Dan arrived at college with an advanced background in science and math, especially computer science. He had been working as a summer intern at the National Bureau of Standards for years, getting an exposure to computers before it was on most people’s radar. Dan started as a physics major, but then like most of my friends, switched over to engineering. However, he took advantage of the range of subjects available, studying folklore and mythology, literature, etc. We talked about Tolkien in those early years (Dan was the only person I knew who actually wrote in Elvish), and he was part of our core group which became exposed to and then dove into the Grateful Dead freshman year. For physical activity, we walked around the Boston area looking at places, and he threw a mean Frisbee. This was when Dan began to really develop his obsession with strange rock music. A Beatles and Dylan fanatic when he was young, before long he was pulling out obscure Frank Zappa or Captain Beefheart albums to educate me. Eventually in the 80s he ran out of offbeat rock music to collect (at one point he remarked that he had twelve Gentle Giant albums, and he didn’t really like Gentle Giant), and he switched over to collecting strange jazz, of which there is a limitless supply.
After college Dan, Norman and I drove cross country together, our first exposure to the West.
We returned to Boston, where Dan went to grad school at MIT for a couple of years in operations research. Living near each other in Somerville, we hung out a lot, and along with Jon Ehrman and John Wenzel, we taught ourselves to cook the new styles of Chinese food that had swept the country in the 70s. Dan stayed on in Boston after I moved to New York, working in the computer industry, and then moved to San Diego to be part of a research group at the university, doing what we now think of as artificial intelligence. After years of gloom and post-collegiate funk in Boston, Dan discovered life in the Promised Land (sunshine and great food!), and has spent most of his life there since. We would get together when business trips or family gatherings brought us cross-country.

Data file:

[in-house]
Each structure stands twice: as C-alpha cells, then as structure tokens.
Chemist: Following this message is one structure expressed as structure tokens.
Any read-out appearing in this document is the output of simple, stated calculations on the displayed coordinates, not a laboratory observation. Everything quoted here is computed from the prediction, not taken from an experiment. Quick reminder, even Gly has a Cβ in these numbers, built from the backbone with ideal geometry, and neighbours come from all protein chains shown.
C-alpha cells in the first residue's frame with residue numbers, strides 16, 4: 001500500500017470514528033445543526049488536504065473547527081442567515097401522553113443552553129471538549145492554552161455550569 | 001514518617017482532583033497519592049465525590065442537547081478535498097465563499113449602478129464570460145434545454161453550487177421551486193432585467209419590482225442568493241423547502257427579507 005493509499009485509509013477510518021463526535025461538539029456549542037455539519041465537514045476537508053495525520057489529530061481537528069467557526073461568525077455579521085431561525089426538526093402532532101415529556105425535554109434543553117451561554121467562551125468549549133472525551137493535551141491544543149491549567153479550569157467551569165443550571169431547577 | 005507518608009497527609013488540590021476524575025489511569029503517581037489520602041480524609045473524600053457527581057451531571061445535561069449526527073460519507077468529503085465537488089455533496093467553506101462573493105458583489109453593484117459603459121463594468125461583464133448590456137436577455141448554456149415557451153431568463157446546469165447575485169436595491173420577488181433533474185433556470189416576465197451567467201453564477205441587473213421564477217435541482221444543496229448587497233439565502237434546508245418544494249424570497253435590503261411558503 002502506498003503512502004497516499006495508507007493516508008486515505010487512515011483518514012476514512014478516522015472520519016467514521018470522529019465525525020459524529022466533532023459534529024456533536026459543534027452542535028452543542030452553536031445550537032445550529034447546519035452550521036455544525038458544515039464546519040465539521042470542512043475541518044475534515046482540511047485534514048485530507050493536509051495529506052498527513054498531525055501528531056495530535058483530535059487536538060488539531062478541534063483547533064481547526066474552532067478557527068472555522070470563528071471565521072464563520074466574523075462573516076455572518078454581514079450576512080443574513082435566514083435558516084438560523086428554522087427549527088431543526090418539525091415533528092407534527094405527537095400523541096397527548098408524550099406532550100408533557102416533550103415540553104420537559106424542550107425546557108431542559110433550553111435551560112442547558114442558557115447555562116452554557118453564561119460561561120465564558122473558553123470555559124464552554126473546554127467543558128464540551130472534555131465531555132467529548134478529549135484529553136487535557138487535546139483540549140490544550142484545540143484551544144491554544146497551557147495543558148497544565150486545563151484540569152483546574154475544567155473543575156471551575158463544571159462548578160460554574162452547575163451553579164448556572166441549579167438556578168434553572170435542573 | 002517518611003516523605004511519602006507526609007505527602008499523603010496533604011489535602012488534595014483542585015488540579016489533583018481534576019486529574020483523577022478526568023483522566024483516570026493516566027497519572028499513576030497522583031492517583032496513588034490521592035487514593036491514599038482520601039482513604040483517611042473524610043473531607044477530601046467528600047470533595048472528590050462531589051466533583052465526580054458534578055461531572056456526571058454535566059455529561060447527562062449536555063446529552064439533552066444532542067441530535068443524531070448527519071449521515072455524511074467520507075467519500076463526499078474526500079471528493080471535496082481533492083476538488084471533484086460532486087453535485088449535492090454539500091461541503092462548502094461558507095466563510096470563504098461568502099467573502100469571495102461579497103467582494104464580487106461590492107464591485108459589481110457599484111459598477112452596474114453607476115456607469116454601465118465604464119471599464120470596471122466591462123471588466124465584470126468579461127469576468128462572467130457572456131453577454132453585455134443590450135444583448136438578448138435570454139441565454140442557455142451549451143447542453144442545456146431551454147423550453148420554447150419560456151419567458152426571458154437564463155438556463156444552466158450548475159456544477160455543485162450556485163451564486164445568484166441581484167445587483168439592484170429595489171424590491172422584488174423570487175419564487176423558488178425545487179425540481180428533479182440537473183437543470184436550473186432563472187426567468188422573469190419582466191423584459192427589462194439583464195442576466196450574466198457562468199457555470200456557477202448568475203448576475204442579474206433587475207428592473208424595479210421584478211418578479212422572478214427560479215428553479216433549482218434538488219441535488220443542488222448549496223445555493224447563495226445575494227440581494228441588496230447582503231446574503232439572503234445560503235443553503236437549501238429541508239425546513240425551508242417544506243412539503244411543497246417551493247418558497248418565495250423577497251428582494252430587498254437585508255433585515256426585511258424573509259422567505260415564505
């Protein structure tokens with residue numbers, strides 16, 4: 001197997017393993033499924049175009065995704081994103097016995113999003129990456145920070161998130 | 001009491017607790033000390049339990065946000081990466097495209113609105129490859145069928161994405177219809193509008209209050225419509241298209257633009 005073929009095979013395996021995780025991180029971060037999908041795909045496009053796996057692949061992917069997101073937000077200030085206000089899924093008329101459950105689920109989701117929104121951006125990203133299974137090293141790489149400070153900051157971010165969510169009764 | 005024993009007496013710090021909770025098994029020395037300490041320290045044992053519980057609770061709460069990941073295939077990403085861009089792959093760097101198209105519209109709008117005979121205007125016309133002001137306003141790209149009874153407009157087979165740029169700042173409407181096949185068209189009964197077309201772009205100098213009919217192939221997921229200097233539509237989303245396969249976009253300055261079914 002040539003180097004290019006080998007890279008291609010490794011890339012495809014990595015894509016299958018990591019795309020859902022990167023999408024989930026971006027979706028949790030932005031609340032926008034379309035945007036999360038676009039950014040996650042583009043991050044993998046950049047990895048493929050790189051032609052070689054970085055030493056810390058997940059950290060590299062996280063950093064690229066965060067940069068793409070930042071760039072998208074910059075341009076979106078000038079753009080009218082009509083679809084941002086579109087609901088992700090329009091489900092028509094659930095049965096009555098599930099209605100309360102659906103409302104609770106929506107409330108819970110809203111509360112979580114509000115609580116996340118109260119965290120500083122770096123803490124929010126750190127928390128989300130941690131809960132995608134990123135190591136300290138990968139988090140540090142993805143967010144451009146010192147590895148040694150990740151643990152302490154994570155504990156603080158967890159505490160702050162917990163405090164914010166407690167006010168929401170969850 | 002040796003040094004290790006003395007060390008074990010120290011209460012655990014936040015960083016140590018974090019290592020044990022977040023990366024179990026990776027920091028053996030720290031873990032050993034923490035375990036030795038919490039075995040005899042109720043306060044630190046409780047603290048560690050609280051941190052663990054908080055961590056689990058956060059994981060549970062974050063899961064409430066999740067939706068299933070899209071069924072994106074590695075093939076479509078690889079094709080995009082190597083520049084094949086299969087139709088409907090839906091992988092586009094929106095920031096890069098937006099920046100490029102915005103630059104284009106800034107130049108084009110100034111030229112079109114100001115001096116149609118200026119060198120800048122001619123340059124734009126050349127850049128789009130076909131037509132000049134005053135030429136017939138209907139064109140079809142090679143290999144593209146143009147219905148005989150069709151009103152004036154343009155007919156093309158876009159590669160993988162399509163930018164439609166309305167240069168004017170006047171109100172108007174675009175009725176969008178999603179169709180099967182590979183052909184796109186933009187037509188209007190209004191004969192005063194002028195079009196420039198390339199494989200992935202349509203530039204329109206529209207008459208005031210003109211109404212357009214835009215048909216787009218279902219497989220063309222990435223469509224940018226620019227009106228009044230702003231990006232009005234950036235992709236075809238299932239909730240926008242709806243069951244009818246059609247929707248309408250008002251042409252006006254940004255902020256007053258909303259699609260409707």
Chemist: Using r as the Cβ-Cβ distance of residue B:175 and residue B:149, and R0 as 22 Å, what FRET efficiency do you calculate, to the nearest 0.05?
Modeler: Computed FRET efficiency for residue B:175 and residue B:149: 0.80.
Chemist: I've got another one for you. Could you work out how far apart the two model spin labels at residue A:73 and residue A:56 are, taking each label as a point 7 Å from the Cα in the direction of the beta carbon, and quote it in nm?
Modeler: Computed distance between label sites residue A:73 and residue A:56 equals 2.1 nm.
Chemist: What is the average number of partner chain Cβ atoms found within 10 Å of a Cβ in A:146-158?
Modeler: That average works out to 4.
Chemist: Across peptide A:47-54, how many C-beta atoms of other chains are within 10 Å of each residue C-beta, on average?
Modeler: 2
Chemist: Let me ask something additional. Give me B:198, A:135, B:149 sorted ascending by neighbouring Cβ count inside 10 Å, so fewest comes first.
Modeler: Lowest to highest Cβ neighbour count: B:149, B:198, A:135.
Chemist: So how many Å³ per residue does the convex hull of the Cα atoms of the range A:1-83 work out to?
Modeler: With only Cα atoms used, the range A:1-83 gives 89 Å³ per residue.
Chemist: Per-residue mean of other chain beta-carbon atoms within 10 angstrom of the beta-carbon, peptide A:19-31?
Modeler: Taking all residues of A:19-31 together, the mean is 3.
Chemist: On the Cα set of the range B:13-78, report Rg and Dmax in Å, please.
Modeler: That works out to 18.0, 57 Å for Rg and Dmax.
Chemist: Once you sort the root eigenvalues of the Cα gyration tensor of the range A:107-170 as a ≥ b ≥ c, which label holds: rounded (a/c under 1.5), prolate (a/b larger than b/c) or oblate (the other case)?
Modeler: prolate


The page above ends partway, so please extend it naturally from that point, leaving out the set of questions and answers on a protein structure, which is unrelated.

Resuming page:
One day, while Dan was working at Xerox PARC, it occurred to him that maybe he should take a computer class, which he’d never done. So he moved to New Haven to work on his PhD. I remember him gleefully contacting me the first day of fall term, after he had just taught a section of a large intro computer course, to tell me that he was teaching computer science at Yale, before he had actually ever taken a computer course himself..
I spent a year working in Norwalk in 1995, so once again Dan and I could hang out, eating New Haven pizza and taking excursions into the City and around southern New England (Dan was especially fond of the post-19th-century-industrial landscape of places like Taunton). But missing California while succumbing to the widespread loathing of New Haven, he headed back to the Bay Area, where he finished his dissertation and remained. Dan’s timing for graduate school was bad, as there were no academic positions in his specialty for a few years, so he continued working in the industry, with stints at Apple, Adobe and Google. (Dan has noted that unlike most of his colleagues in the industry, he procured a PhD; instead, they procured houses.)